Figure 1. Analysis of microarray data.

A. PCA analysis of microarray data generated from 7 matched normal and Barrett's Esophagus and 5 non-related small intestine biopsies. Blue, green and red balls represent small intestine, normal esophagus and Barrett's respectively. B. Pearson correlation analysis of microarray data. C. Venn diagram representing the overlap of genes that are significantly different (Fold change = 2; p value = 5×10−5) in Barrett's Esophagus and small intestine relative to normal esophagus.

Several classic Barrett's esophagus markers have been identified previously. The performance of these markers was analyzed and demonstrates that most of the markers are altered significantly in our data sets (Figure 2A). Interestingly, two classic markers, Cdx2 and Intestinal Alkaline Phosphatase, were not detected in the samples analyzed and suggest that molecular analysis of one endoscopic biopsy sample per patient may not be sufficient to detect all gene profile changes that may have occurred in each patient. To further support this hypothesis of clonal gene expression we analyzed surgical resection samples for Cdx1, Cdx2, Muc2, Muc5AC and CK20 by immunohistochemistry (Figure 2B). Regional expression was detected in these samples for all markers and further supports the notion of clonal gene expression. Alternatively, there may be post-transcriptional or translational regulatory mechanisms that impact upon mosaic gene expression.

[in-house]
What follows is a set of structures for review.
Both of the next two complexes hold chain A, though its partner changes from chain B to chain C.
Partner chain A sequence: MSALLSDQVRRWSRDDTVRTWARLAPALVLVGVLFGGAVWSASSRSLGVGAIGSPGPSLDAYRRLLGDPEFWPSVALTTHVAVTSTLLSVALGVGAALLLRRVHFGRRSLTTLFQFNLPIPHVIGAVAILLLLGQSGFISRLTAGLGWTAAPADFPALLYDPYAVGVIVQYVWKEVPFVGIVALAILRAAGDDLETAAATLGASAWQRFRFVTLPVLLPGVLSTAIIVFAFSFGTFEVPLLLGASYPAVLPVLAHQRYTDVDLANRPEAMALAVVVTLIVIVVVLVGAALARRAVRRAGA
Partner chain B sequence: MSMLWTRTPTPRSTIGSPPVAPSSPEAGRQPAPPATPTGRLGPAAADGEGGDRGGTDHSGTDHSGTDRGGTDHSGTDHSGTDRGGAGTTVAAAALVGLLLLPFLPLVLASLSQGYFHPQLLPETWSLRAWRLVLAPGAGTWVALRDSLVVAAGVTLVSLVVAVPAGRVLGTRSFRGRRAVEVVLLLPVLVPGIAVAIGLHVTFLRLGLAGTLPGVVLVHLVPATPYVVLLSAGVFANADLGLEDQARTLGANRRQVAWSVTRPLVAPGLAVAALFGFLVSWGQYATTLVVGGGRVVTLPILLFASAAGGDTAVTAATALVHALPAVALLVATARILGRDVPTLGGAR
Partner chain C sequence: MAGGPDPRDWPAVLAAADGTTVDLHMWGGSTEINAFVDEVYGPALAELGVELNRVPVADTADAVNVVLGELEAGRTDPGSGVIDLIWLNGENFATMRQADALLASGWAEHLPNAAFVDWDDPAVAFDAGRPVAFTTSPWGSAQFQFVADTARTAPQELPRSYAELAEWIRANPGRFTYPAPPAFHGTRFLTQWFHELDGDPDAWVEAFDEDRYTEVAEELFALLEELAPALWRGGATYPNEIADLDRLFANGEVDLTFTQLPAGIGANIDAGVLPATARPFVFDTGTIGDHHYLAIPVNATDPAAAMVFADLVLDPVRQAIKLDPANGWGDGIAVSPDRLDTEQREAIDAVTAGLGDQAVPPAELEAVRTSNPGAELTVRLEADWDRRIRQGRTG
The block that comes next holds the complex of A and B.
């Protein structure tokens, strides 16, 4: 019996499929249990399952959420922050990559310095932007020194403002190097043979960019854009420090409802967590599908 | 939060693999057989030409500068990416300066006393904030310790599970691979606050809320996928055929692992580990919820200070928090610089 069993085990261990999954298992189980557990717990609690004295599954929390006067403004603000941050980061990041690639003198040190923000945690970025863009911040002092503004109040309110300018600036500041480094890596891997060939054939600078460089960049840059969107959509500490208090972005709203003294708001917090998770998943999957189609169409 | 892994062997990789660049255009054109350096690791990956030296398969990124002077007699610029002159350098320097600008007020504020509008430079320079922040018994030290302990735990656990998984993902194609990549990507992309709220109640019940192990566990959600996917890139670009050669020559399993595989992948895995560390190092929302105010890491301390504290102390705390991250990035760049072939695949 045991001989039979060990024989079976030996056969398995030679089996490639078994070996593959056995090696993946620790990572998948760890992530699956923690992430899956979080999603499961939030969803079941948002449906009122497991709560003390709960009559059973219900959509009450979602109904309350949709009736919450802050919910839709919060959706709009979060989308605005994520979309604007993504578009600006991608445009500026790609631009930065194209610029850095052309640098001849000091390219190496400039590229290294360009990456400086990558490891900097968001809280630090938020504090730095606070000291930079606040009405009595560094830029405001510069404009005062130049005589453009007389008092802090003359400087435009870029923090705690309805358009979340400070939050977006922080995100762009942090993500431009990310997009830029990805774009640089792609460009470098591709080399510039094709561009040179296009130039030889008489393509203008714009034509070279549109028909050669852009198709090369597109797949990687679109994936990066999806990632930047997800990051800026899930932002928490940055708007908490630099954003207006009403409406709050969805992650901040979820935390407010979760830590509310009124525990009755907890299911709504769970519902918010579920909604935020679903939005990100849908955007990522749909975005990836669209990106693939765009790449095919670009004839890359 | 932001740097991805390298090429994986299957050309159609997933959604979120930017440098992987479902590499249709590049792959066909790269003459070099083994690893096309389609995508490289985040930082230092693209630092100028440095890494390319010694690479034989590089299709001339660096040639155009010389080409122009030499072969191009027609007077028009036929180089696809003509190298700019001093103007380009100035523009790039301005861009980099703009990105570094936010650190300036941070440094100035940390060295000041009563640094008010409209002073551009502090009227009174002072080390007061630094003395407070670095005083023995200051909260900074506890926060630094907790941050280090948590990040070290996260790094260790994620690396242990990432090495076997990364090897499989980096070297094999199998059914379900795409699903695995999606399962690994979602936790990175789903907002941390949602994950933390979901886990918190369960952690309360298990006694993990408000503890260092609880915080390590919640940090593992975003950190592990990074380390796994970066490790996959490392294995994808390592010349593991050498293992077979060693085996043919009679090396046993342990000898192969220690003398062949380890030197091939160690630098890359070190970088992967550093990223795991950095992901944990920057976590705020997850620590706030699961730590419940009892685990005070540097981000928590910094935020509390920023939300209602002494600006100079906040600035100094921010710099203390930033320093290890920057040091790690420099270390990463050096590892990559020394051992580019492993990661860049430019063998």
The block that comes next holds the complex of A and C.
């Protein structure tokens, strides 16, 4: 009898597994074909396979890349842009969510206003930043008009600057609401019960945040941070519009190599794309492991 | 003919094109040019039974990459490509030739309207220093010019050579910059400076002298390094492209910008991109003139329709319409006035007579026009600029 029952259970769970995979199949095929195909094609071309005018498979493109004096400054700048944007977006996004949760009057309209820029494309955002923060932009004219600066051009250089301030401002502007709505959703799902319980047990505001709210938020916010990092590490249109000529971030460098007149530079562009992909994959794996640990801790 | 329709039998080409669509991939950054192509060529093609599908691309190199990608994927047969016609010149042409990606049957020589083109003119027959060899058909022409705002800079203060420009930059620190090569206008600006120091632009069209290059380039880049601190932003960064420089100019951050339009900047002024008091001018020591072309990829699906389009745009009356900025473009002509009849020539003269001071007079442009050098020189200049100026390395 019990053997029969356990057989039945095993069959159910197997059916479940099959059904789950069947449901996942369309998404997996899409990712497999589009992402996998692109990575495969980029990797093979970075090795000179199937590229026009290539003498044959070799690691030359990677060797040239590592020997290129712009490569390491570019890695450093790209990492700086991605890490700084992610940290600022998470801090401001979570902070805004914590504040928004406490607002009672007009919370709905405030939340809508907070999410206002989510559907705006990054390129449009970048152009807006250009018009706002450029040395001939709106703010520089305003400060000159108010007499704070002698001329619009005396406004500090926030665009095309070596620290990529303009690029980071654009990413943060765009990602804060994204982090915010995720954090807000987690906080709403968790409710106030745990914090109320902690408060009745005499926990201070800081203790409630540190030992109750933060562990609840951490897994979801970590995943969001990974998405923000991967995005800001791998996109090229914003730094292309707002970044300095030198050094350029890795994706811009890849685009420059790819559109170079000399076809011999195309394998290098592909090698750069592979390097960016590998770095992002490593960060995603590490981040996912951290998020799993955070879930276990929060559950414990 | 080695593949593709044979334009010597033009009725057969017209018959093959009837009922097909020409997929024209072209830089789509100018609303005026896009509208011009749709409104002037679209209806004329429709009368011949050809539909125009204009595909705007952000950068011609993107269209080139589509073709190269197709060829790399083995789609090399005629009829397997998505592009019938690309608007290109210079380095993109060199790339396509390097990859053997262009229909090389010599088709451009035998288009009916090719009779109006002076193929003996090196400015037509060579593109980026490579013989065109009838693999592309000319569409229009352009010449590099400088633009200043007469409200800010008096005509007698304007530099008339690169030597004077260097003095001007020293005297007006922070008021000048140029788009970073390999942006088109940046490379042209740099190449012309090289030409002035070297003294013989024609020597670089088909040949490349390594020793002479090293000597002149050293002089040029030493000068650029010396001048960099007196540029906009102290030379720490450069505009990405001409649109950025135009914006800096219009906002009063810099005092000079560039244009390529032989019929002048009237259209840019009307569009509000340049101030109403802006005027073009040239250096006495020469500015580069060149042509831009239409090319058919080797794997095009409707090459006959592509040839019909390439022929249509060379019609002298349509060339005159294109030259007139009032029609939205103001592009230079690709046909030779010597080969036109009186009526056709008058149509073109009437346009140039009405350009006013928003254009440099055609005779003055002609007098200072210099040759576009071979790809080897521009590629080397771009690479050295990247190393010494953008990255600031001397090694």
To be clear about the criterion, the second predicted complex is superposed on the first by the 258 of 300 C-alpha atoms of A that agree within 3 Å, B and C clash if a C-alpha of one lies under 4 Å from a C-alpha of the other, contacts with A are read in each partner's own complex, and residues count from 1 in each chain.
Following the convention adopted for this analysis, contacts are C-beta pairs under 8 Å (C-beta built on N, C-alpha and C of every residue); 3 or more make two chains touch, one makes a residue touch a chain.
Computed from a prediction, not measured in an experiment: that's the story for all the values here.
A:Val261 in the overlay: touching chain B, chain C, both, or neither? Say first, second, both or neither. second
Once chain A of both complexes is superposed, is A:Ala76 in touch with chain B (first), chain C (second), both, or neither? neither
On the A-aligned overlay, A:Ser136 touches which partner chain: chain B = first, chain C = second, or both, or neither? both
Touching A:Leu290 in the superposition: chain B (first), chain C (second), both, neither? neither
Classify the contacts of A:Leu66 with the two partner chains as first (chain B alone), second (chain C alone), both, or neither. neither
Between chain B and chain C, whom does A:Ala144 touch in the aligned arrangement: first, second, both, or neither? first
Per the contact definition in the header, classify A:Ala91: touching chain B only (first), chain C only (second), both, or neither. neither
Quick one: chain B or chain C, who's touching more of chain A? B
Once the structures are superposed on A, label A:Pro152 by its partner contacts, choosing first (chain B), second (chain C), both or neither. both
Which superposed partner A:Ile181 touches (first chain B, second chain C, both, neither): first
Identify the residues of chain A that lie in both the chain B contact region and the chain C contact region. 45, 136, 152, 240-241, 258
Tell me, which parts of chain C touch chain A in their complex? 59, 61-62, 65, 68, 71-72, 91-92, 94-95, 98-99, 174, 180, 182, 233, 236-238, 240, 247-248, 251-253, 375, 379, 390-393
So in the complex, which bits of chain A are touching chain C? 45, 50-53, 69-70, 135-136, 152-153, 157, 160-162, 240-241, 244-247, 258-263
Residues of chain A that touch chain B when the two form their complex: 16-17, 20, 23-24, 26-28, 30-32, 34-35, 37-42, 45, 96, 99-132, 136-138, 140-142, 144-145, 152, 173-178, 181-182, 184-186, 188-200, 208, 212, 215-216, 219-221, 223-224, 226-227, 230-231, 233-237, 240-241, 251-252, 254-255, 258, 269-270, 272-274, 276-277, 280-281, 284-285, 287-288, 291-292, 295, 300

Figure 2. Common Markers of Barrett's Esophagus.

A. Expression analysis of 8 common markers of Barrett's Esophagus is represented graphically. Green, yellow, and red bars represent Small intestine, normal esophagus and Barrett's Esophagus respectively. B. Immunohistochemistry of 5 common markers of Barrett's Esophagus on serial sections of an esophageal adenocarcinoma surgical resection sample from a Barrett's Esophagus patient.